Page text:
When Mahmoud Abbas was elected chairman of the Palestinian Authority a year ago, both Israel and the Palestinian Authority hoped his election would lead to meaningful change. But a year later, things have never been worse in the PA, and there has never been as much uncertainty about its future – and about ours.
At midnight on December 31st, all Palestinian organizations announced that as far as they were concerned the truce was over. Most organizations marked the occasion by firing rockets towards Israel. Hamas, for its part, was more careful in its statement, and its military wing announced that following the end of "tahadiya," (temporary calm), the Palestinian resistance would respond to Israeli "crimes" against the Palestinians.
How long will Hamas hold its fire?
The general assessment is that a delay in the PA elections (January 25) would draw the organization (which has continued arming itself over the past few months and even supplying ammunition to other organizations) into the cycle of violence and terror.
Should we expect a new wave of terror? Is the truce over?
For all practical purposes, the truce is in its last gasps. All Palestinian armed factions, including Fatah's al-Aqsa and other Fatah groups have announced there is no point in talking about the truce. Islamic Jihad continues its duplicitous game in which the political leadership in the territories continues "support" the truce, while the military wing sets the tone in attacks and rocket fire from the Gaza Strip.
Hamas continues to maintain an ambiguous stance: Group leaders abroad, headed by Khaled Mashal, talk about the end of the truce, while leaders in Gaza say the organization has yet to formulate its position.
Much depends on the decision regarding the participation of the movement in the elections and about the regional ‘games' related to the pressure on Syria and Iran. Most analysts predict no major changes before the PA elections, and say the truce will be sustained in one form or another with controlled outbursts of violence.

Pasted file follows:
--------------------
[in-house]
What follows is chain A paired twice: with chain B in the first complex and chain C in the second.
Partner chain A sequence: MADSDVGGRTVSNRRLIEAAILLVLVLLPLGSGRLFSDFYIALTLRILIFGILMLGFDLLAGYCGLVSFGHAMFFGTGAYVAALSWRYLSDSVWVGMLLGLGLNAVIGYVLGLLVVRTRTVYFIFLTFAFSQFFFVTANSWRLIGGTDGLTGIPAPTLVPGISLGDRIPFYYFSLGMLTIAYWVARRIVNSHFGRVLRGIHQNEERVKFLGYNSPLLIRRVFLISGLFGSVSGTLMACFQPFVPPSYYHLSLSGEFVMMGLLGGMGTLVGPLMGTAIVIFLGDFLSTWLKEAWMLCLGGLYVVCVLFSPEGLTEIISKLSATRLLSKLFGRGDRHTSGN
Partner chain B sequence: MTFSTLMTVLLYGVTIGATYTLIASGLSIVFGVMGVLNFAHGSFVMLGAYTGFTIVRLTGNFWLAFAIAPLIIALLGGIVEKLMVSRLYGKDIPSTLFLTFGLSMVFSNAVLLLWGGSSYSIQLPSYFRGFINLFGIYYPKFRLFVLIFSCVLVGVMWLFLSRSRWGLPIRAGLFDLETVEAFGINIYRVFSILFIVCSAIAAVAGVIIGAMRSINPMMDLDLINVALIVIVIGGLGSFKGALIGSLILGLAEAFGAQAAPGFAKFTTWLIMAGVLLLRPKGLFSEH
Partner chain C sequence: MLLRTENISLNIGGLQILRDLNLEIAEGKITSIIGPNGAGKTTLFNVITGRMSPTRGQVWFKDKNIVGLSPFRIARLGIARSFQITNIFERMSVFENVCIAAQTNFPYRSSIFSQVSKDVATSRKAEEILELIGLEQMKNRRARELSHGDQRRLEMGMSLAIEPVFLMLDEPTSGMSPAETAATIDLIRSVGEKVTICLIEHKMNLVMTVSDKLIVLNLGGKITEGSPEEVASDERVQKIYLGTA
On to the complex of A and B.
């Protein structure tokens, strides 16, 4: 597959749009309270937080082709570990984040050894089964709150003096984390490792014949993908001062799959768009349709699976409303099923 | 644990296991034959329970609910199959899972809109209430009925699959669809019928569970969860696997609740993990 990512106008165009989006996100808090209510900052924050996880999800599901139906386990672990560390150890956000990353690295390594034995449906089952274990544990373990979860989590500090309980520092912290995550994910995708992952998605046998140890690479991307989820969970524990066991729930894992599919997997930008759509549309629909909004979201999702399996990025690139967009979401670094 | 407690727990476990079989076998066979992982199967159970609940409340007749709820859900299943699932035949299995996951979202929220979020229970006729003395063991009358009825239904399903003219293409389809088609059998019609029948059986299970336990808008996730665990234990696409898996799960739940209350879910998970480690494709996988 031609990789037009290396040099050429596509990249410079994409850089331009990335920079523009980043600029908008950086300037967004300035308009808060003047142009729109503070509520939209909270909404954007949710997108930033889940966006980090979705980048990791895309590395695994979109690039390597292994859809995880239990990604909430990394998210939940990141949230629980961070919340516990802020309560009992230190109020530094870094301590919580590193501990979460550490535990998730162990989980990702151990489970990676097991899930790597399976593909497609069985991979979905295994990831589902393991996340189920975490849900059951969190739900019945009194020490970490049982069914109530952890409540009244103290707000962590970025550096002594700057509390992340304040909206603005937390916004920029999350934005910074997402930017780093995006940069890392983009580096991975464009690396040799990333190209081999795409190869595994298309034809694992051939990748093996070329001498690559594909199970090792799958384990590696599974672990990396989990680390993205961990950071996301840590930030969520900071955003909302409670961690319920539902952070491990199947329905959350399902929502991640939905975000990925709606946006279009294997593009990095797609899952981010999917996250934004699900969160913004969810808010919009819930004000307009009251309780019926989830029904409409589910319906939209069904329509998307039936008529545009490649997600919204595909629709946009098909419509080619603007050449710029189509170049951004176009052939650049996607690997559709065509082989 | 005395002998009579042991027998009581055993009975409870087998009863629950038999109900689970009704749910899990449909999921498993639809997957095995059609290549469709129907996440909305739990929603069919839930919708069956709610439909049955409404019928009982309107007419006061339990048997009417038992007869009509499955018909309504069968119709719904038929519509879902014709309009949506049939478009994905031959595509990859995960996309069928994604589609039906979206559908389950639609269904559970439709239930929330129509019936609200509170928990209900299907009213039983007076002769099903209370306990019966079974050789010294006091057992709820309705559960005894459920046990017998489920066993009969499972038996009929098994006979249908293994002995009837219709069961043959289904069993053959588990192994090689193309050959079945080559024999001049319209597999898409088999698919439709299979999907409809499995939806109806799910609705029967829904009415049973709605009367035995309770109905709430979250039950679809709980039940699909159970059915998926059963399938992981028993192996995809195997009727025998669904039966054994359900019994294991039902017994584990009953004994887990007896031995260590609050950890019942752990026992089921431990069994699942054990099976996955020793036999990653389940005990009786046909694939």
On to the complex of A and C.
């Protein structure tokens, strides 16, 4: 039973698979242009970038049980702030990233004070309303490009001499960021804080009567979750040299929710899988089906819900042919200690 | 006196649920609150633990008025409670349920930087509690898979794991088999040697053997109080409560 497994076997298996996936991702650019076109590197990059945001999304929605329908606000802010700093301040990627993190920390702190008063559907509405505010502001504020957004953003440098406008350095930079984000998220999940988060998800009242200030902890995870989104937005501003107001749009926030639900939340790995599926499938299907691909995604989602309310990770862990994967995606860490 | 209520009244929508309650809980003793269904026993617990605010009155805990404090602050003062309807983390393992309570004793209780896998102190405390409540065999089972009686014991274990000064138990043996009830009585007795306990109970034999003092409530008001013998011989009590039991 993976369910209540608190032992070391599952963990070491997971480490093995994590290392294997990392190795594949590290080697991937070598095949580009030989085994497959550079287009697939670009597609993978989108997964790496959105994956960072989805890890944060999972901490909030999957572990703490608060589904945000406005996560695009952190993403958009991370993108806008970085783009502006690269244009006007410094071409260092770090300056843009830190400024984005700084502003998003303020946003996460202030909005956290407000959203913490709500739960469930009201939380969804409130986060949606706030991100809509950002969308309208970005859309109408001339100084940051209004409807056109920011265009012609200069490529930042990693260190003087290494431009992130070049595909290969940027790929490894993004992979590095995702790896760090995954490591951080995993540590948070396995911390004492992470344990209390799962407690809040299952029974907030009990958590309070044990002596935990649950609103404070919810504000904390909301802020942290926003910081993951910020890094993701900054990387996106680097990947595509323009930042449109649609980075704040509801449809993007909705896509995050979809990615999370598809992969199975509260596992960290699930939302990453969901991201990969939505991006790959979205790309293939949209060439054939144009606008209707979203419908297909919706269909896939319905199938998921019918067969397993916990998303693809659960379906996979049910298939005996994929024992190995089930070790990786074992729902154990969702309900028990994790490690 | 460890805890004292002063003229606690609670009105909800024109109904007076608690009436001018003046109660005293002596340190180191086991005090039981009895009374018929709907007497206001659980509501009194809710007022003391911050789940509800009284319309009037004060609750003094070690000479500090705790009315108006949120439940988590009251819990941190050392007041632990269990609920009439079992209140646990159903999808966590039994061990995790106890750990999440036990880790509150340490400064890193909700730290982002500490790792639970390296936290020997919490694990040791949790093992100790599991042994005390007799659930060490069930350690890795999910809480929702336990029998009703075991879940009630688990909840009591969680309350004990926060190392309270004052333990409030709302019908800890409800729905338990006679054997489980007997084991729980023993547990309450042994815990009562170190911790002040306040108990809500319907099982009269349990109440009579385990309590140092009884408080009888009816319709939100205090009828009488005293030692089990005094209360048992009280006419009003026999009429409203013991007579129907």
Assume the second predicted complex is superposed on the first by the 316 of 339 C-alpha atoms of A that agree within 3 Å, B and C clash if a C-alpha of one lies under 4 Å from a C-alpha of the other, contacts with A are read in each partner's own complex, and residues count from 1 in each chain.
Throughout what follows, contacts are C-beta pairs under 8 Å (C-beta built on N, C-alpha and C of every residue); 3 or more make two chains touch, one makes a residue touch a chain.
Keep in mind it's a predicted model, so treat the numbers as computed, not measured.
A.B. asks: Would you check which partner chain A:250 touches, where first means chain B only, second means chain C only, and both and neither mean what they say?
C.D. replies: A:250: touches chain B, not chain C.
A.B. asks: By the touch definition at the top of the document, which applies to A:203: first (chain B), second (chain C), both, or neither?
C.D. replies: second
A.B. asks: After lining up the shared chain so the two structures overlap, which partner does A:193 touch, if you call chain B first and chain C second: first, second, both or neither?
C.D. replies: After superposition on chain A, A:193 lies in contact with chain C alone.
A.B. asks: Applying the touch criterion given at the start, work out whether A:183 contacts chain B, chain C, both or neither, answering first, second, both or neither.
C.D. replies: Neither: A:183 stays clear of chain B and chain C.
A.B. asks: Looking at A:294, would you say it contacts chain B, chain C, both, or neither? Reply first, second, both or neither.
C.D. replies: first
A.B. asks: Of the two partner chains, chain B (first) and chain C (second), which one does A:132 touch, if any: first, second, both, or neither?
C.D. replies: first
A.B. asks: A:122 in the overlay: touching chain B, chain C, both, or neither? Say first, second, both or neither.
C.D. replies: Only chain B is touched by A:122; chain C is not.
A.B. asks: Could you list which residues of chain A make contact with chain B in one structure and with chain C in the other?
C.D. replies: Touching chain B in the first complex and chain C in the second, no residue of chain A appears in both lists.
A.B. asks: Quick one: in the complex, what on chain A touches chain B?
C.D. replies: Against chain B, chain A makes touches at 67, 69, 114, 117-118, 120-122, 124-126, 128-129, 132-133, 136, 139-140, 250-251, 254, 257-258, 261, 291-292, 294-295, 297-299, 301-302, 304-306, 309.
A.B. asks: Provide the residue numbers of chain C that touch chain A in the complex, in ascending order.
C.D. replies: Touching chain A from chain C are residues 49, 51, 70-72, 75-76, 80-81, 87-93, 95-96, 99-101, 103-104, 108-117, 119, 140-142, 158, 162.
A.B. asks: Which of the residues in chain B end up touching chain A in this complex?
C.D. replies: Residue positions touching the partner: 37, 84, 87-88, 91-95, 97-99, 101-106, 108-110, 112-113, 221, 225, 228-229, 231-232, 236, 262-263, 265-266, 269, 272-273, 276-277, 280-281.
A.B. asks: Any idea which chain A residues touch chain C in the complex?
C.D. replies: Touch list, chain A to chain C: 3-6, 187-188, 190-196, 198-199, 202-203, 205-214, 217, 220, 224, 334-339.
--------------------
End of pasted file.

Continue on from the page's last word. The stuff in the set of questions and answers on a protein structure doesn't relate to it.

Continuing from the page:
Why does it seem like there is an absolute state of security-related chaos in the territories?
During the election campaign, Abbas promised the Palestinians two things: real reform and security for its citizens. On the first matter, PA analysts are divided on the matter. On the second, more important campaign slogan, Abbas' report card is less ambiguous. The recent deterioration of the security situation hurts not only Palestinian citizens, but also hangs a big question mark on the ability of the PA to continue to operate – and some say to continue to survive.
Still, optimists say there are rules to the anarchy and power games currently gripping the PA, and especially Fatah. They say people know their limits and who's the boss: "There is anarchy, true, but there isn't total chaos," they say.
What big changes have affected the PA since Abbas took over?
Despite the fashionable tendency to doubt the chairman's ability to clean up the PA, there is no doubt that his greatest achievement is the truce with the armed Palestinian groups reached in March. Despite the exceptions, including attacks inside Israel and rocket fire from Gaza, the truce was essential for the success of the disengagement. This marked, if only unilaterally, a political shift.
Abbas has managed to retain a public perception that despite everything, there is a certain rule of law, there is increased police enforcement, relatively serious handling of civil infractions, a fight against corruption and even the imprisonment of al-Aqsa Brigades, Islamic Jihad and other organizations which refused to obey the truce.
Want more proof? The Palestinian stock market broke records this year, much like the one on Ehad Ha'am Street in Tel Aviv.
So why does anarchy continue, internally and with regard to the rocket fire toward Israel?
Abbas has declared his commitment that during the election period, he won't be dragged into a civil war and will not force his electoral commitments on the Palestinian organizations. Except for a few cases in which Palestinian security forces have confronted Hamas operatives, he has had to mostly bite his lip and restrain himself every time the organization fired a rocket or carried out a suicide attack in an Israeli mall. Through dialogue, he succeeded in obtaining a certain truce, and was hoping to continue running things in the same manner, with determination but through dialogue.
His problem lies in the fact that for years, not a single element in the PA, during the Intifada or after, has demonstrated any true leadership. After so many years, criminals who benefited from the neglected conditions will not obey the rule of law, and the activists will not be quick to listen to the new chairman. Both groups have continued testing Abbas' patience.
So why the anarchy? There are hundreds of groups and independent units in the different apparatuses and maybe even more; in the Fatah there are quite a few non-obedient factions; there is direct Iranian influence or through Hizbullah on the ground; there is a Palestinian leadership residing abroad, mostly in Damascus, that pulls the strings mostly towards an escalation (like Khaled Mashal, for example). All these explain the ongoing state of anarchy.